The FTSE 100 was holding station a few points above 7,400 in the countdown to the release of US jobs data at 1.30pm.

Since noon, the Footsie has drifted ever so slightly lower to 7,416, up14 points (0.2%), mirroring the situation on futures markets for US index contracts.

All of that could change with the release of the jobs data.

“US futures are marginally higher but we have lost a little momentum. That may simply be because we’re awaiting the latest labour market data from the US, a report that is arguably the most closely followed each month. It also comes after a dreadful month of job creation in February when only 20,000 were added, although the data has been very inconsistent since the shutdown and another revision may come today,” said Craig Erlam at OANDA, setting the scene.

“Broadly speaking the labour market remains very strong and the economy, while slowing, is very healthy. With unemployment running at only 3.8% and wages rising at 3.4% annually, there’s clearly nothing to worry about just yet. That said, the US is not immune from the global slowdown and investors will only accept weak job growth for so long. It will be interesting to see what happens today if we get another bad reading, especially if it isn’t accompanied by a big revision to the February number. The market is not expecting this though, with around 180,000 forecast,” he said.

12.05pm: The index of blue-chips plodded higher throughout the morning session

The FTSE 100 plodded higher in the morning session, little affected by underwhelming US labour productivity data for the UK.

The FTSE 100 was up 16 points (0.2%) at 7,418.

UK labour productivity in the fourth quarter of 2018, as measured by output per hour, fell by 0.1% compared with the same quarter a year ago.

On the plus side, productivity improved quarter-on-quarter by 0.3%, the Office for National Statistics (ONS) estimated.

Howard Archer, the chief economic advisor to the EY ITEM Club, said the figures were disappointing.

“This completed an overall weak performance in productivity during 2018, with erratic quarterly movements,” he said, adding that the UK has a lot of catching up to do on productivity – a statement that could have been written any time in the last 50 years.

“The weak performance in Q4 2018 and weakness over the year reinforces concerns over the UK’s overall poor productivity record since the deep 2008/9 recession. Indeed, the ONS reported that labour productivity rose just 0.5% over 2018 as a whole, which was below the annual average growth rate of 2.0% seen before the 2008/9 downturn.

The ONS reported that “more than 10 years on, since the 2008 financial crisis, labour productivity (as measured by output per hour worked) is only just ahead of its level at the end of 2007”.

11.00am: Traders sit on their hands

The FTSE 100 continued to mark time waiting for developments in US-Sino trade talks.

At 11.00am, the FTSE 100 was up 7 points (0.1%) at 7,409, with mining stocks account for the bulk, if not all, of that rise.

“The US and China have failed to conclude their ongoing trade negotiations with a deal the two sides have yet to resolve issues around existing US tariffs and the monitoring and compliance procedures that would accompany an agreement for now at least this can has been kicked down the road once more,” said Darren Sinden, a market analyst at Pepperstone.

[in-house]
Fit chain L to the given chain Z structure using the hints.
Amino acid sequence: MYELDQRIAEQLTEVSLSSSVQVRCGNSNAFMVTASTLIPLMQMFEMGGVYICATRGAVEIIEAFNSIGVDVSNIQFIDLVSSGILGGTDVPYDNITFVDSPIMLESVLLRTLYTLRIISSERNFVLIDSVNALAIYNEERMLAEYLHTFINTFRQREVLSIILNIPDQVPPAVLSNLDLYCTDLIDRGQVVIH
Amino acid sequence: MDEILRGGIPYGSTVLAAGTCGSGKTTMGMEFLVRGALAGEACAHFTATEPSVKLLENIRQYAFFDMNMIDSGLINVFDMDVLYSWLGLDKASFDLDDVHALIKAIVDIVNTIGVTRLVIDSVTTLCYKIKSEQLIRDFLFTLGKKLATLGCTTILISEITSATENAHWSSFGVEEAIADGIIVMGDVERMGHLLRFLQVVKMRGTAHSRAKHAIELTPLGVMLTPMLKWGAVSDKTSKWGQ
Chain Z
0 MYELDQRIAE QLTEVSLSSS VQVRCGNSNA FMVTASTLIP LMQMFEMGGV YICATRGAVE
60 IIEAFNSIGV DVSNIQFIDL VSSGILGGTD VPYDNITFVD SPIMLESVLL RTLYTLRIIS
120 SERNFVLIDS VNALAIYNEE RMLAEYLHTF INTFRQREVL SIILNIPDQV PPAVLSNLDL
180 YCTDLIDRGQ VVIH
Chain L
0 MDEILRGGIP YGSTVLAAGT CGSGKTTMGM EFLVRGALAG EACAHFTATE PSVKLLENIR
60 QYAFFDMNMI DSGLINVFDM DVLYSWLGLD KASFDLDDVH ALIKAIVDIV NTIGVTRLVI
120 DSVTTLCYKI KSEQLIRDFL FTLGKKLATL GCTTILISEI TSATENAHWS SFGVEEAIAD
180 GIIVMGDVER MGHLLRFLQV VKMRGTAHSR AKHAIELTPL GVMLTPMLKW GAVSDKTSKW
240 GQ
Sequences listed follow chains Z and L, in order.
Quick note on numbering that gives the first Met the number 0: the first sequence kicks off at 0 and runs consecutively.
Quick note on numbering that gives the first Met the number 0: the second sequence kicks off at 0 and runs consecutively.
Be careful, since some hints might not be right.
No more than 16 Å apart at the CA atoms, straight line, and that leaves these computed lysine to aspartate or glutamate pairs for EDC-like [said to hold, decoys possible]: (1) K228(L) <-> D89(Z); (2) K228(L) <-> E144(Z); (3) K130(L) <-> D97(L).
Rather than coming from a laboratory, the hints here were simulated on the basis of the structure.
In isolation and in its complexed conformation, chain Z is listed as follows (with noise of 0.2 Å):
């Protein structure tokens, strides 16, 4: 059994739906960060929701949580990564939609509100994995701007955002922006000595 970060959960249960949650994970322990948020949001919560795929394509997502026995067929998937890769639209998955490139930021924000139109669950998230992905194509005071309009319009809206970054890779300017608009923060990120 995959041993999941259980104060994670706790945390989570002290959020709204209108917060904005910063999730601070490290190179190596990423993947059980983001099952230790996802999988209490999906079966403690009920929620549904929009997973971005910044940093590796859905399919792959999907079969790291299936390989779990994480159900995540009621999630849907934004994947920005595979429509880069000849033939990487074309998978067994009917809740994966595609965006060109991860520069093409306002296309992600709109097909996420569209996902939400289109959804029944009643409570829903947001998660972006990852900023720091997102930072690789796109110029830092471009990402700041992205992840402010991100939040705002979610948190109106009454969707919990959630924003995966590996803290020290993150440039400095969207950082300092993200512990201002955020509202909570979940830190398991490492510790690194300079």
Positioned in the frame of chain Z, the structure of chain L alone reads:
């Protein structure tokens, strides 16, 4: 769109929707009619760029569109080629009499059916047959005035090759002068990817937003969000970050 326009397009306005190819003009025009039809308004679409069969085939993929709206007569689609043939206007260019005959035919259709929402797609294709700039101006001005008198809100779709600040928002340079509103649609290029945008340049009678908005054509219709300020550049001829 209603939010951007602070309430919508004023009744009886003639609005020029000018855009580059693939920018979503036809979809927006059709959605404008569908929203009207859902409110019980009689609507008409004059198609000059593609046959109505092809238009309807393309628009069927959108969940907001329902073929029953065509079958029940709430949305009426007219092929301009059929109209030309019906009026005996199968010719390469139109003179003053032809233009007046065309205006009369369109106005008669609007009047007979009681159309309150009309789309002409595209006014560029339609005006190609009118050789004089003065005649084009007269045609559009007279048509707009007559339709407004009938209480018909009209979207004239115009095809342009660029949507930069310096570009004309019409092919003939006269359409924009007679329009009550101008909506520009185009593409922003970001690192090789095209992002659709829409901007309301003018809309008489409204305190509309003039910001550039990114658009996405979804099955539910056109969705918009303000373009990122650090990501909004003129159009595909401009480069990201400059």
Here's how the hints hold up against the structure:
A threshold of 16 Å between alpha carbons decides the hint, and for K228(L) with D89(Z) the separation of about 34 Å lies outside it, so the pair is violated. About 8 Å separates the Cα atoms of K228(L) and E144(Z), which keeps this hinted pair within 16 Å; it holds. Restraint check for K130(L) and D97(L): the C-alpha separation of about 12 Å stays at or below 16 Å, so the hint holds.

There has been precious little news flow among FTSE 100 companies but FTSE 250 constituent GVC Holdings PLC (LON:GVC) has given a tiny morsel to get its teeth into with a broadly well-received trading update that saw the shares rise 1.3% to 590.4p.

“It was only a brief first-quarter trading update, but this announcement was important for GVC after market confidence was rocked by senior management dumping millions of shares last month. With the group still cantering towards its targets of double-digit online revenue growth, we think these numbers are generally reassuring,” said George Salmon, an equity analyst at Hargreaves Lansdown.

“One blot on the copybook is that win margins are lower, meaning customers have had a comparatively good run recently. But the bookie always wins in the end. Punters often recycle a significant chunk of their winnings into another bet, and bookmakers can count on time taking its toll on a gambler’s roll. GVC will be hoping the tide turns over Grand National weekend, which is of course one of the most lucrative in the sporting calendar,” he added.

9.30am: Still slow going; housebuilders friendless after release of Halifax Price Index 

The FTSE 100 was marginally firmer in early deals but dealers clearly had at least half an eye on this afternoon’s US jobs figures.

The Footsie rose 15 points (0.2%) to 7,417, with what enthusiasm there is in the market engendered by hopes of progress in the trade talks between the US and China.

“Investor risk appetite towards stock markets is edging cautiously higher on further optimism that the US and China are nearing closer to agreeing a ‘very monumental’ trade deal,” reported Lukman Otunuga at FXTM.

“With US President Donald Trump stating that negotiations are ‘rounding the turn’ and Chinese Vice Premier Liu He hailing the ‘new consensus’ achieved recently, confidence is reaching new levels that a trade deal will eventually be signed after many months of protracted negotiations,” he added.

On a day when German Berenberg issued broker notes on estate agents (see below), there was some mixed news for the housing sector.

The Halifax’s house price index for the three months to the end of March suggested house price rose by 3.2% the year before, up from a 2.8% rise the previous month and ahead of the 2.3% rise predicted by economists.